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It doesn’t happen very often, but now and again the political tide turns so decisively against an incumbent government that there’s little the ruling party can do beyond damage limitation.

Think back a decade ago. After ten years of Congress rule, the public mood had turned decisively against the party. Manmohan Singh was seen as a good man leading a bad government – personally admirable but politically inept and paralysed by the competing forces within his own party. Narendra Modi was the coming man, offering an energy and vision that the governing party simply couldn’t match. The result: Congress was swept from power and lost more than three-quarters of its seats in the Lok Sabha.

Going Down The Congress Way?

Something similar is now happening in British politics. Rishi Sunak is on the brink of a catastrophic election defeat. The Conservatives have been in power for fourteen years, but fresh opinion polls suggest they will be humbled in the coming election, losing up to two-thirds of their seats in the UK Parliament.

Rishi Sunak continues to put a brave face on his appalling polling, but his party has just about given up. Conservatives know they are about to be evicted from power, and many of their MPs are either scouting for new jobs or feuding viciously about who should lead the party after Sunak’s almost inevitable departure.

In Britain’s peculiar, and distinctly dilapidated, political system, the prime minister has a lot of discretion about when a general election is held. The last possible date is in January next year; the expectation is that the election will be in October or November this year. So, a note of caution – a lot can happen in that time: wars, scandals, crises and all kinds of unexpected events. Nothing is certain in politics. But if you look at the odds that betting companies are offering on the election outcome – often a very reliable indicator, as they lose a lot of money if they get it wrong – they are putting the odds on the Labour opposition becoming the largest party in Parliament at more than 90%.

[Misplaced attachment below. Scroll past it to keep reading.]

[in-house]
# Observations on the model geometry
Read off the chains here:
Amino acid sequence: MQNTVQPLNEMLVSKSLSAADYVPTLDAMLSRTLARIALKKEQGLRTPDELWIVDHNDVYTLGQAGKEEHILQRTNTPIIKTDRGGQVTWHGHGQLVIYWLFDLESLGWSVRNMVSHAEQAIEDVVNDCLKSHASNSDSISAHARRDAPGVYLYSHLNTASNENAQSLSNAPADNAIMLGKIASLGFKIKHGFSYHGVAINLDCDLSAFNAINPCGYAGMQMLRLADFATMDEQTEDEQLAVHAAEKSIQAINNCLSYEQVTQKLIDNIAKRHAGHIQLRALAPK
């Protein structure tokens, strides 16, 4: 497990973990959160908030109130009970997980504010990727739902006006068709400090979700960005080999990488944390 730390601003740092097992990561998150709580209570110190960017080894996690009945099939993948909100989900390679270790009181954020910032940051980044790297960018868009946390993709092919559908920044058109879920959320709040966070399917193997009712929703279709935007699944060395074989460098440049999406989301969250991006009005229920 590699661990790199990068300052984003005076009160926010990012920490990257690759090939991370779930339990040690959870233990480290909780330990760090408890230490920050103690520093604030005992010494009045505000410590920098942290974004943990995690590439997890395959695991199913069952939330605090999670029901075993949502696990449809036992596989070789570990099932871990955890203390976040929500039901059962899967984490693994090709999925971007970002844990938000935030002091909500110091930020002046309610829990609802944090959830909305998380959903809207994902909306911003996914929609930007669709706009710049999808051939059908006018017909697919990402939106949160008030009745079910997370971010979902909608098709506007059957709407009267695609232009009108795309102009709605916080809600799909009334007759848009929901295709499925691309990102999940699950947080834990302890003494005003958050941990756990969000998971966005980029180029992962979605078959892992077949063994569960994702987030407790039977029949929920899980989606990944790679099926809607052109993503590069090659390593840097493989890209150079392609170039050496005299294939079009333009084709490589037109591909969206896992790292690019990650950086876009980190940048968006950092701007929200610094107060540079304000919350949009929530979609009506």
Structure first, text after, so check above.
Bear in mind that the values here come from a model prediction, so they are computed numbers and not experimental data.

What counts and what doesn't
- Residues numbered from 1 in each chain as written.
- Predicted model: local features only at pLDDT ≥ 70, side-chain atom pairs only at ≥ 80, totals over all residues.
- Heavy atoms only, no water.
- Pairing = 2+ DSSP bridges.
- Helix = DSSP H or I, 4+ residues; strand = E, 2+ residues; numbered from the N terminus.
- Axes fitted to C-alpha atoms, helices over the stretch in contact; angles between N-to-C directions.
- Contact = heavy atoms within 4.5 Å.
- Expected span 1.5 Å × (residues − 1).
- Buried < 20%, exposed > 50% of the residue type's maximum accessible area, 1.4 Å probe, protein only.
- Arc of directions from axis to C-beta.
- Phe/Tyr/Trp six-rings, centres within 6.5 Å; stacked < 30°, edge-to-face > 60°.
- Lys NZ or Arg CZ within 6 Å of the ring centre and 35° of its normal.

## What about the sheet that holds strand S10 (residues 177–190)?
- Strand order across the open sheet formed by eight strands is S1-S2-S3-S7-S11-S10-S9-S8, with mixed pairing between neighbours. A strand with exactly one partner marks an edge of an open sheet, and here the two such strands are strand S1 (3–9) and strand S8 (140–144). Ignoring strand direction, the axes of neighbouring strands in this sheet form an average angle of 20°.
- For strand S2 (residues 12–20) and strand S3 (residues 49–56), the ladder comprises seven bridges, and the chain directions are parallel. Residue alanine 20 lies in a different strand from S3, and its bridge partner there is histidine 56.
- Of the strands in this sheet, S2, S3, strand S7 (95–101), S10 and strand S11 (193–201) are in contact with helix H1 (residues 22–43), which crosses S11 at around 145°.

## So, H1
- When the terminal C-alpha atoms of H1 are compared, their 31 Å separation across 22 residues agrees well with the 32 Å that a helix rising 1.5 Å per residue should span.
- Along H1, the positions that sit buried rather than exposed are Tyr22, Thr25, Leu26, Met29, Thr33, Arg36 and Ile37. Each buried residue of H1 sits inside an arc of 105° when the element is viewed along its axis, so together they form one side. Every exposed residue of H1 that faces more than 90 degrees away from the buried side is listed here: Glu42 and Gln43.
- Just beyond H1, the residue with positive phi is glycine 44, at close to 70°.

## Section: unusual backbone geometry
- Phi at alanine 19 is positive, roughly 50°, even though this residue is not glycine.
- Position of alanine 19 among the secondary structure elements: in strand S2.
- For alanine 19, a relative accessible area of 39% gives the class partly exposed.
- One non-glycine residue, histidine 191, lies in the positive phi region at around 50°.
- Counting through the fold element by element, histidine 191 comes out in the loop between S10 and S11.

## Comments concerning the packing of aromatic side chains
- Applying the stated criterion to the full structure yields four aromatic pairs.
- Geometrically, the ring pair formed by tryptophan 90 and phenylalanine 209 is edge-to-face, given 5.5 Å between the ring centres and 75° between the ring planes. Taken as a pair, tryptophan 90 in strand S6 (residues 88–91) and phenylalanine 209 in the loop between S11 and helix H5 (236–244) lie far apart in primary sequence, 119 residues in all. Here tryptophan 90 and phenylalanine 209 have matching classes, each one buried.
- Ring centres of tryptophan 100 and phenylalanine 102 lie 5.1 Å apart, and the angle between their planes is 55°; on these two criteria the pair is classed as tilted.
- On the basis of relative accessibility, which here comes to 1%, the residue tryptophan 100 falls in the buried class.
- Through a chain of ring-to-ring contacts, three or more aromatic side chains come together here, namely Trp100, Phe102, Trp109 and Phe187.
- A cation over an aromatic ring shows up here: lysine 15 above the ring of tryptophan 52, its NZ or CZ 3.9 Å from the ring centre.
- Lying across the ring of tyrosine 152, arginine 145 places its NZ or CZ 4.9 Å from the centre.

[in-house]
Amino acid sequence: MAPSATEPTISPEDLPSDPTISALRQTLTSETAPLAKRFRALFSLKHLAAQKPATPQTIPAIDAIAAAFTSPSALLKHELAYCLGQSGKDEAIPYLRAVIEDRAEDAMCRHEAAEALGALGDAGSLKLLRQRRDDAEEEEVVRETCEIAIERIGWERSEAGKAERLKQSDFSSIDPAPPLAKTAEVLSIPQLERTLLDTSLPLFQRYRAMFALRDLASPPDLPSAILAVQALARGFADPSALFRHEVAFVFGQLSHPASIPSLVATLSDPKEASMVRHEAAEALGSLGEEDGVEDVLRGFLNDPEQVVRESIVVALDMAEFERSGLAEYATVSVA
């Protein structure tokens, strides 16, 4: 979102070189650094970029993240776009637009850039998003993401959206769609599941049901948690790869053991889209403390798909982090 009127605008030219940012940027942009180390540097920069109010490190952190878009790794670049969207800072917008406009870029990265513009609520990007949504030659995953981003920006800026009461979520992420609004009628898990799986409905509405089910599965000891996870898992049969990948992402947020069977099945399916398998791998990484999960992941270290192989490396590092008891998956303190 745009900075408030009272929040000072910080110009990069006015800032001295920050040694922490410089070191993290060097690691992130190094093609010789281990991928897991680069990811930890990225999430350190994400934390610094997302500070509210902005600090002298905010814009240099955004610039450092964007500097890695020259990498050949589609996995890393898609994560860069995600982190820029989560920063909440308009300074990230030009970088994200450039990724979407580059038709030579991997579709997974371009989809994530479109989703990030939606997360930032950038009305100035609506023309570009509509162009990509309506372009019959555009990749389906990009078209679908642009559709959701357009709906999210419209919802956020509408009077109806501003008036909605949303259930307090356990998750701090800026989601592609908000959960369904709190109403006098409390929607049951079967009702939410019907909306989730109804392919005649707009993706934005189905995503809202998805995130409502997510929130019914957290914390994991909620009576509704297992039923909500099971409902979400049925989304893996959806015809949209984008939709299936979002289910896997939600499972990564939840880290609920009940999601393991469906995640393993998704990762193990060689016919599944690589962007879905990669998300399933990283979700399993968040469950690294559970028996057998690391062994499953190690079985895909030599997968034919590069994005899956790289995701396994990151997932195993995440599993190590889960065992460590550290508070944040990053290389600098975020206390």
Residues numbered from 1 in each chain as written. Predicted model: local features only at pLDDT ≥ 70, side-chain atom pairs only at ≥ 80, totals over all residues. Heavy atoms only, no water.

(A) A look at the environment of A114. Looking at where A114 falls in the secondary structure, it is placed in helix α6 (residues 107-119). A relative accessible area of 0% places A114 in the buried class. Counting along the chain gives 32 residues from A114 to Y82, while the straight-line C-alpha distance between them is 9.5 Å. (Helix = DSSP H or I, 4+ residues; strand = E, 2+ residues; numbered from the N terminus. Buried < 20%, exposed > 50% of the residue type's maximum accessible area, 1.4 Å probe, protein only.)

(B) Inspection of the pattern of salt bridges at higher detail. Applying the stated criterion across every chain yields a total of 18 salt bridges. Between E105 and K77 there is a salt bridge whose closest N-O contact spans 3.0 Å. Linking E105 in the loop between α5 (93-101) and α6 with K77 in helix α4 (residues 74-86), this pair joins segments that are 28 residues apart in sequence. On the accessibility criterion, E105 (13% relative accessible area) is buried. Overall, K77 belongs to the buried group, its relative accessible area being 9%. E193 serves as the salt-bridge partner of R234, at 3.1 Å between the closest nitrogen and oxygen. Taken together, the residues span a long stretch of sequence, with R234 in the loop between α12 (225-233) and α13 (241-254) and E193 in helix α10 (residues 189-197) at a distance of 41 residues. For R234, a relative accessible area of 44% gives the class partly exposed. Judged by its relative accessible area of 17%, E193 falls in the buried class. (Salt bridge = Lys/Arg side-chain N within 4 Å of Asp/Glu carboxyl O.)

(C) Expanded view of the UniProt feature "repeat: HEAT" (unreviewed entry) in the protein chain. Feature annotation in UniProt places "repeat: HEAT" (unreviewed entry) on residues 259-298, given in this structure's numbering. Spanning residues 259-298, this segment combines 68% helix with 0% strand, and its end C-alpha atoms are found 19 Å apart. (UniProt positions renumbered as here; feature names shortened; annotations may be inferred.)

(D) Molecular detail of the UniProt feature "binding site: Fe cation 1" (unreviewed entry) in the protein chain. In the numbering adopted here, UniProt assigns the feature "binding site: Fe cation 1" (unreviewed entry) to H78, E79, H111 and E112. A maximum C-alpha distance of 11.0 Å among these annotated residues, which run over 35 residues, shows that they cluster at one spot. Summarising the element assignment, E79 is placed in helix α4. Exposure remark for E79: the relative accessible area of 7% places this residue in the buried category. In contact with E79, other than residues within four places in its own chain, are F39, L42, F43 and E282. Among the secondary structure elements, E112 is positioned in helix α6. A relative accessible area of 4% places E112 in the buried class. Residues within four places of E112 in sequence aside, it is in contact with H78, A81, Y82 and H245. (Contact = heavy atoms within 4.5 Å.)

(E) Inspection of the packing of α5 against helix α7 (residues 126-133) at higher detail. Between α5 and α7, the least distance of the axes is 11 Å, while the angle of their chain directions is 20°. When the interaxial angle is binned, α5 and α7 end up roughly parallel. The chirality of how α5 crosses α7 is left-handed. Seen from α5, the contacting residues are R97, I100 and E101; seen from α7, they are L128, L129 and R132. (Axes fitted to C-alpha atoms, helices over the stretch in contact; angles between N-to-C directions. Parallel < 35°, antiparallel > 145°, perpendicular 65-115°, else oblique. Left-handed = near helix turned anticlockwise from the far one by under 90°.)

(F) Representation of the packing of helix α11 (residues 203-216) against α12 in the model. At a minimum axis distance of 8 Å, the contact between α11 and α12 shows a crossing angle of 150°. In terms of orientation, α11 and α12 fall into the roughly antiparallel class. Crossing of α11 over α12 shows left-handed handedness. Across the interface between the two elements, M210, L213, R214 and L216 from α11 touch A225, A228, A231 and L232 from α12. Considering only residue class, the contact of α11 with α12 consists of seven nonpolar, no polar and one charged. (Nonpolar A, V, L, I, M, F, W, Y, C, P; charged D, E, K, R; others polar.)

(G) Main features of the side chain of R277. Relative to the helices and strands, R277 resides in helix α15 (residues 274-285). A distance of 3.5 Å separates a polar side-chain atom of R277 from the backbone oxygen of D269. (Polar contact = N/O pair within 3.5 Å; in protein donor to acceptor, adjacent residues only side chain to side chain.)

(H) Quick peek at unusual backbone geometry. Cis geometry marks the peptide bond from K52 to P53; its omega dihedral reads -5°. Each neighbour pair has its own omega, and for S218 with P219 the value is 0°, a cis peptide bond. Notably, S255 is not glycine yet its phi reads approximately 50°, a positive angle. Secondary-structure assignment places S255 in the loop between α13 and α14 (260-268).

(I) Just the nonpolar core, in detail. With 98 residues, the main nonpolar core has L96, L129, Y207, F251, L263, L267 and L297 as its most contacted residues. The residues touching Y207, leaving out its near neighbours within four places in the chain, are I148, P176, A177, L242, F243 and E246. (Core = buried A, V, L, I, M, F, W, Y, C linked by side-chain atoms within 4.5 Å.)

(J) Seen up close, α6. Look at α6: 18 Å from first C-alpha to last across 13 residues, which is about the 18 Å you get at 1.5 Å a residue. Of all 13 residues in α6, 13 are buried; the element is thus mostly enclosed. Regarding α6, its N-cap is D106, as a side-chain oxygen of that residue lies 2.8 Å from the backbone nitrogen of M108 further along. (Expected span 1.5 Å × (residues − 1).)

What Really Went Wrong For Sunak

So what has gone wrong for Rishi Sunak in the eighteen months since he became prime minister? He had a lot going for him. He’s seen as young, earnest and honest; in his time in office, inflation has fallen sharply and real wages have begun to grow; after the chaos of Boris Johnson’s years in power, he has restored a measure of stability and competence.

But Sunak does not offer a political vision; he is indecisive, he presides over a deeply divided party, he has made a few appallingly bad decisions, and, above all, his political instincts are poor. When a prime minister makes public pledges and fails to deliver them, that really damages his standing. Rishi Sunak promised to cut the huge waiting lists for treatment in the publicly-funded health service; those waiting lists have continued to lengthen. He pledged to ‘stop the boats’ that surreptitiously carry illegal immigrants across the Channel to England’s south coast; those deeply hazardous sea crossings are still happening.

Sunak has tried to appease the populist right-wing of the Conservative Party by backing out of some key targets to tackle climate change and abandoning an expensive high-speed rail link from London to the north of England. Those decisions were not popular with the voters and didn’t satisfy Sunak’s critics within the party. In political terms, it’s a lose-lose.

A Resurgent Opposition And A Threat From The Right

His biggest problem is that the opposition has been reborn. The Labour Party, which spent several years heading so far left that it barely appeared on the political spectrum, has been refashioned as a pragmatic, centre-left party with a conspicuously competent and cautious leader, Keir Starmer. The Labour Party is once again seen as fit to govern.

To double Sunak’s difficulties, he also faces a threat from the right. The Reform Party, which was born out of the successful campaign to pull Britain out of the European Union, is now demanding much tighter restrictions on immigration and an emphasis on English nationalism. Its slogan of ‘Let’s Make Britain Great’ bears an uncomfortable echo of Donald Trump’s ‘Make America Great Again’. As many as one in four Conservative voters seem tempted to transfer their allegiance to Reform – sufficient to sink an already listing ship.

If the Conservatives lose anything like as badly as the opinion polls suggest, Sunak is almost certain to resign as party leader. There’s speculation that he might leave politics altogether. And then the Conservative Party will have to embark on the long haul of reinventing itself and rebuilding its political profile and policies. How long could that take? Well, ask a Congress wallah.

(Andrew Whitehead is an honorary professor at the University of Nottingham in the UK and a former BBC India and Political correspondent.)

Disclaimer: These are the personal opinions of the author.

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